The other display option has Kirk doing a jumping kick into Khan. This configuration makes use of a clear plastic rod that pegs into the console and into one of Kirk’s sets of legs. The rod holds the figure in place extremely well and the illusion of mid-air-kick Kirk is really well done. I definitely prefer this display option as it looks a little more natural and you can tweak Kirk’s hands in a number of ways. Hell, you can even have him kicking Khan with the engineering rod raised over his hands for QUAD DAMAGE! Admittedly, “Flying Kick Kirk” makes better use of the unique Kirk that comes with the set, but I submit that Diamond could have just as easily bored a hole for the clear rod into a proper Kirk figure’s legs and still made it work.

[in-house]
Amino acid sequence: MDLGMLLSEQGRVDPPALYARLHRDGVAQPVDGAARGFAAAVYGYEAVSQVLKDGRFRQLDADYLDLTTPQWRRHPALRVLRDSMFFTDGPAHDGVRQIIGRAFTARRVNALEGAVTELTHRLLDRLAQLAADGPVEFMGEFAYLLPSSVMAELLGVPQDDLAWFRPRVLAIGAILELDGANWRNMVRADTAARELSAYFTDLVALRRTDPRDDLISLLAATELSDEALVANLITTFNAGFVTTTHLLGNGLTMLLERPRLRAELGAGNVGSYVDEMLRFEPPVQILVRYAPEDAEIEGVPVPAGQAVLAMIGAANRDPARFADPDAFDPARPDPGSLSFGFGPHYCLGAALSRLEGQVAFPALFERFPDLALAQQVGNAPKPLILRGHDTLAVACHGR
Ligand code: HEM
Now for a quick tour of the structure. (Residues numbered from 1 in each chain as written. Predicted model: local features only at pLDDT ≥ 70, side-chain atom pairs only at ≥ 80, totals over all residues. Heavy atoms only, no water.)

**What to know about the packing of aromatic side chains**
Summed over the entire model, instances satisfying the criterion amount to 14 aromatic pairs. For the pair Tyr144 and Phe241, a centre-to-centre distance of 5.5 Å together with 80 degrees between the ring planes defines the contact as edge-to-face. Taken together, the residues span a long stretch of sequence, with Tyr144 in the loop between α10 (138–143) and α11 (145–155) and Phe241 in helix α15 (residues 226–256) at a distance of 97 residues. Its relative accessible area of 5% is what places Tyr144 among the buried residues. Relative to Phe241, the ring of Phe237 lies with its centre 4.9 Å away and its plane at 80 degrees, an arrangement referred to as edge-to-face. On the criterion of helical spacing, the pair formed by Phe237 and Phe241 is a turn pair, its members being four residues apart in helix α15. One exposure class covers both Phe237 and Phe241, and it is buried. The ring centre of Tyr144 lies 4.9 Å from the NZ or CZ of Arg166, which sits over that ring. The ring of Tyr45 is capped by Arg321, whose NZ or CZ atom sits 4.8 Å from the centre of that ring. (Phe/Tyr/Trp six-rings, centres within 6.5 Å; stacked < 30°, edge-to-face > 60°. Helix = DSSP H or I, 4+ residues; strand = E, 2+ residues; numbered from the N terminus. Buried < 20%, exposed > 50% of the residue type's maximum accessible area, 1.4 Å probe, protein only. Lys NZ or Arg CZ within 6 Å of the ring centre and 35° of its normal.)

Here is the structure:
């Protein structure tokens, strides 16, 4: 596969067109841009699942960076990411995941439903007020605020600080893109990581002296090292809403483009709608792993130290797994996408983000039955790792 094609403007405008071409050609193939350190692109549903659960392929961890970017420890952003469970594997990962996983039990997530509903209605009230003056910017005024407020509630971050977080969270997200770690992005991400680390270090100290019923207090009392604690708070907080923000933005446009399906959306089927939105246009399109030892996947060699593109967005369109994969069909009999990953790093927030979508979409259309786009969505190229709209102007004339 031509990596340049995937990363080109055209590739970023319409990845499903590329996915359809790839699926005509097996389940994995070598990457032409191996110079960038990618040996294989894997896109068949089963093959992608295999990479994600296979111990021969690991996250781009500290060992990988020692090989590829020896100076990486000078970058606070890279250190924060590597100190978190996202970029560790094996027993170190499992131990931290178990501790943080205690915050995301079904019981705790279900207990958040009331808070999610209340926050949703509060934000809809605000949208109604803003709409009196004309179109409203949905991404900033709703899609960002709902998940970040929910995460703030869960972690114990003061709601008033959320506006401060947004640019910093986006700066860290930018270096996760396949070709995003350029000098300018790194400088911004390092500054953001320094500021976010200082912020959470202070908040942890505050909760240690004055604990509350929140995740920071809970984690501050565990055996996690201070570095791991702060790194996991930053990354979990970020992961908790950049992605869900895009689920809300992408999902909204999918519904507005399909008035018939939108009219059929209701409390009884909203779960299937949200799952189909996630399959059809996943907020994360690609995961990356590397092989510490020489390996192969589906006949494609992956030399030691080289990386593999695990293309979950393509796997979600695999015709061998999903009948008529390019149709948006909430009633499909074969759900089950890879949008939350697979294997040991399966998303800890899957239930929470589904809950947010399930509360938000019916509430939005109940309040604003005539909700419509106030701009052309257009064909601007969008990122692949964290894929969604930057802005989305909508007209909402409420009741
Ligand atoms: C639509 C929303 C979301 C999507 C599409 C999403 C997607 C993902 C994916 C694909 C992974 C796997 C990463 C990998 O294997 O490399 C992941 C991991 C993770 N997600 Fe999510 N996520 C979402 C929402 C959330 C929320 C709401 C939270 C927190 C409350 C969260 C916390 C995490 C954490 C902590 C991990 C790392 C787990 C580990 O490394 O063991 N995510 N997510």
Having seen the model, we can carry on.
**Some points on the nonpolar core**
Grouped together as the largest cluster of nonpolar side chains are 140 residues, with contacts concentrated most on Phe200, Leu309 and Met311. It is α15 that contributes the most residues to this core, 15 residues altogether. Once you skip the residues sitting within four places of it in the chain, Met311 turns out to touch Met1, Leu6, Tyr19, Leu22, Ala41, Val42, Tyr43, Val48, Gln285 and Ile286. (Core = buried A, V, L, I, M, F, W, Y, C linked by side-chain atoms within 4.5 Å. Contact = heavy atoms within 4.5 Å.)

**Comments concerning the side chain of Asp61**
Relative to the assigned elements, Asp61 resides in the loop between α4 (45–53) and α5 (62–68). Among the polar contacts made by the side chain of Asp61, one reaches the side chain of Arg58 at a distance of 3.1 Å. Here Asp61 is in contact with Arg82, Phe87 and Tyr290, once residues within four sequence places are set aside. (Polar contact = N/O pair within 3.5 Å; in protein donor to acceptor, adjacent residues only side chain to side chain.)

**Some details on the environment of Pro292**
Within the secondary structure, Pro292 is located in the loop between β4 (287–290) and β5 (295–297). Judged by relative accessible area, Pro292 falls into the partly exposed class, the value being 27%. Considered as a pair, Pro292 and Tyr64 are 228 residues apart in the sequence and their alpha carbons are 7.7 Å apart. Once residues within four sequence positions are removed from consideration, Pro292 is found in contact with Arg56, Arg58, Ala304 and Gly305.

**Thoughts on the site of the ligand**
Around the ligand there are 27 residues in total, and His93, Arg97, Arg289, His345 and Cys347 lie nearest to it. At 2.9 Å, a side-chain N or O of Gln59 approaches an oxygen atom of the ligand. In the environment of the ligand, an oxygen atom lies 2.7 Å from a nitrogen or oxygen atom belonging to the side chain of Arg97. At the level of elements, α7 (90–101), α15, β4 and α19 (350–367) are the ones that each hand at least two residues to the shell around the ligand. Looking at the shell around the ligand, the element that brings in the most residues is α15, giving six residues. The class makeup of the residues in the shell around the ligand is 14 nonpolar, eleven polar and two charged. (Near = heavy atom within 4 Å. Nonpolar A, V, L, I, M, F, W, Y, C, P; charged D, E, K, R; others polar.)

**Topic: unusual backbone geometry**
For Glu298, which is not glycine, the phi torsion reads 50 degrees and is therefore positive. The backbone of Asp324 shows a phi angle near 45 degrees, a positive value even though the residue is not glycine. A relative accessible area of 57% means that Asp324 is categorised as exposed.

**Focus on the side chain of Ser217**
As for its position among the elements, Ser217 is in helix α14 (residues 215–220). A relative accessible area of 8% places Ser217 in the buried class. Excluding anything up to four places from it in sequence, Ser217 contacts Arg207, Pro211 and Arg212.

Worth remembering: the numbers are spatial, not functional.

If it sounds like I’m picking on this set, it’s just because I generally don’t understand it. That doesn’t mean I don’t like it. It’s an awesome display piece and it does a great job combining a bit of customization and playability of action figures with a statue-style environment. If we didn’t already have proper Classic Trek figures in this scale, I’d be even happier with this set, but as it is, it seems like such an odd thing to do. The photos above illustrate how well it works with the Classic Trek figures that Diamond already have made. At around $22, you certainly get a lot of stuff for your money, so it’s not a question of value, it’s just my own morbid curiosity as to how a set like this can be expected to sell better than a new round of proper action figures.